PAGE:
THE HOLOCENE PREHISTORIC ARCHAEOLOGY OF THE TEMBEN REGION, NORTHERN ETHIOPIA By Agazi Negash, a PhD thesis, Graduate School of the University of Florida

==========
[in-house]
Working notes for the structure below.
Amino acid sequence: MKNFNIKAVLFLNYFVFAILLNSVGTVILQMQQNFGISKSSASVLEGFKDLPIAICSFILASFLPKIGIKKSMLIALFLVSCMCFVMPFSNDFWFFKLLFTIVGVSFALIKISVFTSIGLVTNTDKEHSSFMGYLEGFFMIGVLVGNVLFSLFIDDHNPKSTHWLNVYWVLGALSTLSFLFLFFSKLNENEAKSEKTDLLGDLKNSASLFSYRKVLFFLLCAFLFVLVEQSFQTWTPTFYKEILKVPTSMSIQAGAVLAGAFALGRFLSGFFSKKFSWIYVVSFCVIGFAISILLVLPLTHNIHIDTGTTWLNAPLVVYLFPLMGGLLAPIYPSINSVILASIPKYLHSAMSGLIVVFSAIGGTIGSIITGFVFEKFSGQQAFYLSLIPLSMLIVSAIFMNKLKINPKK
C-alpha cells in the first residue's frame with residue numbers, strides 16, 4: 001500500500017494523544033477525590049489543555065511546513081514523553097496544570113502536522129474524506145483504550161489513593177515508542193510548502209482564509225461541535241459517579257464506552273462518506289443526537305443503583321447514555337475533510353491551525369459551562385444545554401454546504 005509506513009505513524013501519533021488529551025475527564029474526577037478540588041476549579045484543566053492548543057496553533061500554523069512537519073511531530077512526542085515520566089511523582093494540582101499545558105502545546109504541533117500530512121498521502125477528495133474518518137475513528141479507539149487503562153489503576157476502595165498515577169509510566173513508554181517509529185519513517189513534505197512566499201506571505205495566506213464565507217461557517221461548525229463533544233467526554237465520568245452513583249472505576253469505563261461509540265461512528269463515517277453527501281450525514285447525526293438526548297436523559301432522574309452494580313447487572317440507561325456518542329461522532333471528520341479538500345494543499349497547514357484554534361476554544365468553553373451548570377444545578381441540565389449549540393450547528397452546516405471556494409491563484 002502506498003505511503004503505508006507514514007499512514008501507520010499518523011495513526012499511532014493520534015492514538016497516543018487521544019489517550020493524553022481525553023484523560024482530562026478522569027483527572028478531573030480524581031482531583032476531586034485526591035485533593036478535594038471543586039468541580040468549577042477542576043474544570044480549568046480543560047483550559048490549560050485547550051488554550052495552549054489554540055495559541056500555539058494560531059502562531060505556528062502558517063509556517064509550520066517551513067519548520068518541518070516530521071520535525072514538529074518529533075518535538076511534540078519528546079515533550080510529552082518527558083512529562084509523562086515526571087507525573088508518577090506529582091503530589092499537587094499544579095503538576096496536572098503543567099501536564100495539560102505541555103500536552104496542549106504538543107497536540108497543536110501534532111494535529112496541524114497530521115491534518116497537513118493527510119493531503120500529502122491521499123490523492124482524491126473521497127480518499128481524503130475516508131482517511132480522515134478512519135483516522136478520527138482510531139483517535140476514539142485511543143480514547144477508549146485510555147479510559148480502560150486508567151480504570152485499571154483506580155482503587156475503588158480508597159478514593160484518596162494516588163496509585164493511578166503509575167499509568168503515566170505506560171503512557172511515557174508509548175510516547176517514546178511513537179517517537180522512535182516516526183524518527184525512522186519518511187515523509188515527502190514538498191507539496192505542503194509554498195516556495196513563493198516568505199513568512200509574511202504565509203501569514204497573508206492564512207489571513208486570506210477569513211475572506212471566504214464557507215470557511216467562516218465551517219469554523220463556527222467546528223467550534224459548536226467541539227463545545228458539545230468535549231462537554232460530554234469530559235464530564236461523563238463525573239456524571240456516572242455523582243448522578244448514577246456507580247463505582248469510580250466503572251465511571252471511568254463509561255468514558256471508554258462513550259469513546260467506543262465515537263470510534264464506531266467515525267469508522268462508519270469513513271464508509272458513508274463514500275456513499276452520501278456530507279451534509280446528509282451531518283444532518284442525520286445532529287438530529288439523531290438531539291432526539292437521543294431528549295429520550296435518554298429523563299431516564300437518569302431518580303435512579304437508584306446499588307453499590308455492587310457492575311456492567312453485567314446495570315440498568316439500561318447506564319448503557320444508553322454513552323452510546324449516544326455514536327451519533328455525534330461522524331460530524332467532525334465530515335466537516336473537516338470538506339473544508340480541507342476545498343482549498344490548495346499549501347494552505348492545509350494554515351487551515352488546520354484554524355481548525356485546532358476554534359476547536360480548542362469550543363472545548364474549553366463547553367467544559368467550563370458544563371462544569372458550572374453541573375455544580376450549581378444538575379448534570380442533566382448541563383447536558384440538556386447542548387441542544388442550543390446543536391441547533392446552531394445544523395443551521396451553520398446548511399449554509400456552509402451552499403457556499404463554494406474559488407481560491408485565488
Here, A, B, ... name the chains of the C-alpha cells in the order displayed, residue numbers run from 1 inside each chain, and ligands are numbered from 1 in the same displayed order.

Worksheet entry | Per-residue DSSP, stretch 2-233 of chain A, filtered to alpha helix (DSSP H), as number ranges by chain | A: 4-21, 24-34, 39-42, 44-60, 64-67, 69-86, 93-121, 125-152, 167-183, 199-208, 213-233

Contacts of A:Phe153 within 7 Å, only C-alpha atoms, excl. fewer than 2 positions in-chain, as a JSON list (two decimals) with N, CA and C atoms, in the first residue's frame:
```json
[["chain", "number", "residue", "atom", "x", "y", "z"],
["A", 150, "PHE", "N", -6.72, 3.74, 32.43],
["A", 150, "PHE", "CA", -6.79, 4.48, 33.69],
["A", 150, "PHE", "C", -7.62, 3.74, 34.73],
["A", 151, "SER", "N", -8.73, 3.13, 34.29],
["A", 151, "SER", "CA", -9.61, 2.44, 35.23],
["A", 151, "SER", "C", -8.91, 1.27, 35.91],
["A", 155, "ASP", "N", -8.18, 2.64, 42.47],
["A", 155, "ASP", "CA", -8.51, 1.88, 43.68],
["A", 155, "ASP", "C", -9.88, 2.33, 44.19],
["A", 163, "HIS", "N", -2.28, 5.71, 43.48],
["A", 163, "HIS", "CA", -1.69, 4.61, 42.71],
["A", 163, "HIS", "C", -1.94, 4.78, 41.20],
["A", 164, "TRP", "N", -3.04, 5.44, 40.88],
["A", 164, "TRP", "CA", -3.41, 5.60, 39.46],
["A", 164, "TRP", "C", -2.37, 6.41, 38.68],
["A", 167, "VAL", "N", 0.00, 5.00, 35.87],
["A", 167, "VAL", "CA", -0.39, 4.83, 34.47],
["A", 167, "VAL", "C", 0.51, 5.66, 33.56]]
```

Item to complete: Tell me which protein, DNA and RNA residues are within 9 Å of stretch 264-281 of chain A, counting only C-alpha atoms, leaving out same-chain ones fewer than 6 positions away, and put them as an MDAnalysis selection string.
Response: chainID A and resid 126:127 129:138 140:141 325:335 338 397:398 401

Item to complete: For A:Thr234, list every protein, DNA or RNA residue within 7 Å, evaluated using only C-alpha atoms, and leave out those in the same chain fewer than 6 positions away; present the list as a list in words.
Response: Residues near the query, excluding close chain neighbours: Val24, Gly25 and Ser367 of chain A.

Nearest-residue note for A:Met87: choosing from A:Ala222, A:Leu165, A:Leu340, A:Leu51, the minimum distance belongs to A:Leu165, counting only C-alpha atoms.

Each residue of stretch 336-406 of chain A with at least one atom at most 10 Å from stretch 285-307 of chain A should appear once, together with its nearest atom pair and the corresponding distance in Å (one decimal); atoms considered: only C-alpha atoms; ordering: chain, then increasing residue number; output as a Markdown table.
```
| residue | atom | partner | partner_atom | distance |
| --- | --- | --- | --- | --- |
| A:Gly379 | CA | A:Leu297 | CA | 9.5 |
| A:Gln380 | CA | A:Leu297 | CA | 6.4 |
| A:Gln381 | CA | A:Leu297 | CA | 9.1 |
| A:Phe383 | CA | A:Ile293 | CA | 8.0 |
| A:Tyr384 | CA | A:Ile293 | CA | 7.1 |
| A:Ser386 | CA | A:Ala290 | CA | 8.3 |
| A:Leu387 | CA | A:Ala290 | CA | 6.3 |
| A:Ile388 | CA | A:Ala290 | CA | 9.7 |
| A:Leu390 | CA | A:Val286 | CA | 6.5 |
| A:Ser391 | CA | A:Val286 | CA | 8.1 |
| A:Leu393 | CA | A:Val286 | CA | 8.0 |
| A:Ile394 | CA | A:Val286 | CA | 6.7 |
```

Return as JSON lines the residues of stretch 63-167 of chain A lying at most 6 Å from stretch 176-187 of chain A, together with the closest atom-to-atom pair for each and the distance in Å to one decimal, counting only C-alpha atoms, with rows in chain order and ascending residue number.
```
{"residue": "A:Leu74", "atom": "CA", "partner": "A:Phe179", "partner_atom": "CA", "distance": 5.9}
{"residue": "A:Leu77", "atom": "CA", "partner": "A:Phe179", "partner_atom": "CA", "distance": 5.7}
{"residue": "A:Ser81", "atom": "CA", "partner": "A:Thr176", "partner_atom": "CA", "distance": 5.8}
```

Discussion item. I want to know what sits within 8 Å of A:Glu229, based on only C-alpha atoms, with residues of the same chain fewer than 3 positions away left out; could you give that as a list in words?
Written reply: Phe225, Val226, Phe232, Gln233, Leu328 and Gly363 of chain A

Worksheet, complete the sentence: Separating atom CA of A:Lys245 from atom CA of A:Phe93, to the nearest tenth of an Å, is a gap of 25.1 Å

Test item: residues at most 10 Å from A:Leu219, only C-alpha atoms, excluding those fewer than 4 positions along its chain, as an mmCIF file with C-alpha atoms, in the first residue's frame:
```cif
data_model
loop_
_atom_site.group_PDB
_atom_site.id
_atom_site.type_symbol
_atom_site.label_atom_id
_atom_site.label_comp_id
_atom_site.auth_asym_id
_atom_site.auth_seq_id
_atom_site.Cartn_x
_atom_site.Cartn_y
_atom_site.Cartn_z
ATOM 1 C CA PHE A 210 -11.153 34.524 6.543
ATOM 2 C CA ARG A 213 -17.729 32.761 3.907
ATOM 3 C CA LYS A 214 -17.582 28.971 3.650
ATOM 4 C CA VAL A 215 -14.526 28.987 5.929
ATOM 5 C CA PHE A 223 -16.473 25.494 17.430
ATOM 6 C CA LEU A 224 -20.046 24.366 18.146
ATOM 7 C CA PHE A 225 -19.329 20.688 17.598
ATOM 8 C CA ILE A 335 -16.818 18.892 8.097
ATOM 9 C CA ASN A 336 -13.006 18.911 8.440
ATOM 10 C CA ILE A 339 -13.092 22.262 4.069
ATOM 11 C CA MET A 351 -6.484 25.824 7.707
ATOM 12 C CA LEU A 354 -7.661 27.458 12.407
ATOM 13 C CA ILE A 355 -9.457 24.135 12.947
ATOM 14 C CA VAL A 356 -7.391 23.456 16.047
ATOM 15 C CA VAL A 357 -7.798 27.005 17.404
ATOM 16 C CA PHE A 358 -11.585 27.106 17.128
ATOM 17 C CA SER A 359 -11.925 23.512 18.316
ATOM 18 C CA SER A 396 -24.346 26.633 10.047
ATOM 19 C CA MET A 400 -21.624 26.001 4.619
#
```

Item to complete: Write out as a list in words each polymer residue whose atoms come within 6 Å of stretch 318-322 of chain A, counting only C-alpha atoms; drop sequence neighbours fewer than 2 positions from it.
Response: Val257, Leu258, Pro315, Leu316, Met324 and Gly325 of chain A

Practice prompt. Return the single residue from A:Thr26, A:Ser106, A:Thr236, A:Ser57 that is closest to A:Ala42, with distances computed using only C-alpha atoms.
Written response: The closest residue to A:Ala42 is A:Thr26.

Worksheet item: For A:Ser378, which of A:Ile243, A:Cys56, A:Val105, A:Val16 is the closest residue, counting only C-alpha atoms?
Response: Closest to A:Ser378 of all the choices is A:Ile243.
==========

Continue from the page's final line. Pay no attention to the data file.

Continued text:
Evidence from agronomy and bio-geography shows that northern Ethiopia is a center of origin of several economically important African plant domesticates that played a major role in the emergence of Neolithic societies. Although archaeologists have speculated on how and why these food producing societies have emerged, in the past, there was virtually no archaeological data with which to test the hypotheses they have developed. Recent systematic archaeological surveys and excavation in the Temben area of northern Ethiopia have identified sites that have provided radiometrically datable stratified cultural sequences containing preserved faunal remains, a necessary temporal sequence that would allow us to begin testing the various hypotheses. The analysis of the cultural materials and ecofacts t recovered from these sites would lay the groundwork for future archaeological investigations in northern Ethiopia by furnishing significant necessary data towards the understanding of the Neolithic of northern Ethiopia, an area that is situated in the bio-geographical heart of the hypothesized center of Ethiopian plant domestication.
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